The Covid-19 pandemic has led us into a new era, in which more of us are spending more time at home.
A recent study by the Wilden Living Lab research team shows energy-saving measures in your home make even more sense now than before the pandemic.
Back in Spring 2020, when businesses issued stay-at-home orders to their employees, and when socializing and traveling were cancelled, people spent approximately twice as much time at home than they used to. Suddenly, most rooms in the house remained occupied throughout the day, there was more home cooking, comfortable temperatures became more important and screen times increased. A whole different pattern of residential energy usage occurred.
In the meantime, while some companies have ended the stay-at-home policy, many continue to reap the benefits, such as having to provide less office space and keeping their own energy costs lower.
The new hybrid model of working from home and the office also appeals to employees, who enjoy more freedom, less time away from family and a better work-life balance. New home plans already reflect the changing times in their layouts and provide more quiet working spaces. But homes should also adjust in their energy efficiency.
Researchers found a 30% increase in residential electricity consumption during the 2020 lockdown. UBC Okanagan’s research team used the Wilden Living Lab homes to study the effect these new conditions have on the efficiency of energy upgrades in the home and their payback times.
Used as the example was the “Home of Today,” built in 2016 to the then current building code, occupied by a family of two adults and two teenagers. The researchers compared two scenarios: the “Old Normal” in which the family spent 50% of their time at home, and the “New Normal” home 100% of the time during the lockdown.
The results showed a combination of energy upgrades consisting of improved wall and roof insulation, more efficient HVAC and hot water systems, higher-grade windows and solar panels resulted in a better payback time – 2.3 years less – in the “New Normal” (20.9 years) compared to the “Old Normal” (23.2 years).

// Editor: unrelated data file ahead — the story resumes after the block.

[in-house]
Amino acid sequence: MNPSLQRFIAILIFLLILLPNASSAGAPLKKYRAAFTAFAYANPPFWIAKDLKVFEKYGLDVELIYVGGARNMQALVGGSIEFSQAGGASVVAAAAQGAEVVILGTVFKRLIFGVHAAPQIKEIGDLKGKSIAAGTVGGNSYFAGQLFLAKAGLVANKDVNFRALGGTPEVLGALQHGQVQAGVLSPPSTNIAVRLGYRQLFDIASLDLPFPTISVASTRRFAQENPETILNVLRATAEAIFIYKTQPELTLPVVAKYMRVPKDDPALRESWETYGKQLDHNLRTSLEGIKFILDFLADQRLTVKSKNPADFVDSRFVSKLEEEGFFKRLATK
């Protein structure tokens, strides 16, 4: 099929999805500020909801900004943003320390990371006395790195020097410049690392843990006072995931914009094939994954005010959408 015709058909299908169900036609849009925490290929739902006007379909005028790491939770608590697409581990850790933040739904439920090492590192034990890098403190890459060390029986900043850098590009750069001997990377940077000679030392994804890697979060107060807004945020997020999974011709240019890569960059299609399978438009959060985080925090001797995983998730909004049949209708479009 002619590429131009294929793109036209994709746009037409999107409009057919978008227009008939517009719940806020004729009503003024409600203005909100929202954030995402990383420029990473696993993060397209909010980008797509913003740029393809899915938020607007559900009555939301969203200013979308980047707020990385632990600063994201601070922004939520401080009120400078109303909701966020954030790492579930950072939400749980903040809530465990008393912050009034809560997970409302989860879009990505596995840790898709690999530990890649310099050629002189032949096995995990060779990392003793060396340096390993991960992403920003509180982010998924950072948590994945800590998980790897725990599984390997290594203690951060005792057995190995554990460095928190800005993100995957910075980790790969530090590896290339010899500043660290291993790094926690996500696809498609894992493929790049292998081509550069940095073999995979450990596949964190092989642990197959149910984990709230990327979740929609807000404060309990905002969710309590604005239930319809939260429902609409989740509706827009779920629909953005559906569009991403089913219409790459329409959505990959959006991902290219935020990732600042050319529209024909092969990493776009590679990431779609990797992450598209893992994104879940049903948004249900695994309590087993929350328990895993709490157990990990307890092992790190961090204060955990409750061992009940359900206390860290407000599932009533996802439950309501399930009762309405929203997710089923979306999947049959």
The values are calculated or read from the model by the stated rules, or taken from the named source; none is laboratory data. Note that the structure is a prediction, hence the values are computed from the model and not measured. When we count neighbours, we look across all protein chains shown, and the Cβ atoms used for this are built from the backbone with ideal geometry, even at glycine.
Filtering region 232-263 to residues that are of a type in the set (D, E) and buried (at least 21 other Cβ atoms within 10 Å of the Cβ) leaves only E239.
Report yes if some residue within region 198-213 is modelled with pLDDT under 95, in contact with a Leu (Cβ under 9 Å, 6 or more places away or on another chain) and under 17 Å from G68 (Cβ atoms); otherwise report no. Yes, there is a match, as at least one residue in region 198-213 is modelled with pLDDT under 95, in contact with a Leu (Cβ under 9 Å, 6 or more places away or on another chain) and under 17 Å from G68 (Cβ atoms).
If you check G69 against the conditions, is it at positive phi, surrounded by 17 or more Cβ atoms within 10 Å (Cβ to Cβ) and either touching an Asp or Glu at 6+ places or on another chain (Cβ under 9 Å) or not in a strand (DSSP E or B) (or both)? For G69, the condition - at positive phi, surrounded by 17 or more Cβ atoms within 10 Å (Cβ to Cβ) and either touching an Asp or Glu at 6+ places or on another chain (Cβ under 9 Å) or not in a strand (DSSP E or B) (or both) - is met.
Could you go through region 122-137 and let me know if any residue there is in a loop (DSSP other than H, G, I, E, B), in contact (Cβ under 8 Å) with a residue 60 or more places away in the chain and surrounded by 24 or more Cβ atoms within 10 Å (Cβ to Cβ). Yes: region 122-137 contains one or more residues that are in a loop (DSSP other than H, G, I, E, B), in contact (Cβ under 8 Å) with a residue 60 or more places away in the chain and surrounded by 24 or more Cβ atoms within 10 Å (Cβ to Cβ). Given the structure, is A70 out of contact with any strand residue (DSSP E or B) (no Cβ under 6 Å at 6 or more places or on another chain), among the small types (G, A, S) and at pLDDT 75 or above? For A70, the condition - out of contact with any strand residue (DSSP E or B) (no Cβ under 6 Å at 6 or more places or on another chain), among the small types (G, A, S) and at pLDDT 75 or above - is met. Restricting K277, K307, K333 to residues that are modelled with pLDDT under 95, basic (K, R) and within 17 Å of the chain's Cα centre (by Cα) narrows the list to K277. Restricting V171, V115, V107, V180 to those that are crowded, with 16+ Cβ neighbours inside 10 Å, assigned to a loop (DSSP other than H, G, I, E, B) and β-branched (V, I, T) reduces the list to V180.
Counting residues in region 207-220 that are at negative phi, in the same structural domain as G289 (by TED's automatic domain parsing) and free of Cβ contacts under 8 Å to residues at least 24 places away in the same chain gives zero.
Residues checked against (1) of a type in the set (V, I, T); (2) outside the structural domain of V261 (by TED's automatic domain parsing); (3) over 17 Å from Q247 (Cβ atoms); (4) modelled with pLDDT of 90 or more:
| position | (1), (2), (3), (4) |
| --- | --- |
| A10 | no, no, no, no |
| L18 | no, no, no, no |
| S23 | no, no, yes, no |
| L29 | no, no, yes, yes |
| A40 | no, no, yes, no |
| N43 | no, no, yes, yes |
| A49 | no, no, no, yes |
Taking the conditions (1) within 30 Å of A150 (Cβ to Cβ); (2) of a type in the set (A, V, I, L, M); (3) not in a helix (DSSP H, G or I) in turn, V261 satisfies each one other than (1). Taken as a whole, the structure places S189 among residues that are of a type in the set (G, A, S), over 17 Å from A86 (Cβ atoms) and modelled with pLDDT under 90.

Monetary reasons aside, if the intention is only to reduce carbon emissions by saving energy, then adding a foundation with enhanced insulation value to the mix is recommended. However, research showed that upgrade does not pay off faster in the “New Normal” scenario. The investment is too high for the energy savings it brings.
The most efficient investment in both scenarios, “Old Normal” and “New Normal,” is a high-performance hot water heater that heats water either on demand or with a heat pump.
In conclusion, the research results clearly show our change in lifestyle over the past two years and increased time spent in our homes is yet another reason to invest in energy efficiency.
While you are doing your part to lower the carbon emissions of residential living, the money saved on energy bills every month will be even more significant. A high-performance home will always earn your money back.
The higher the energy prices climb and the more energy you use in your home, the shorter the payback times will get.
To read the full research document, please click here.
This article is written by or on behalf of the sponsoring client and does not necessarily reflect the views of Okanagan Edge.
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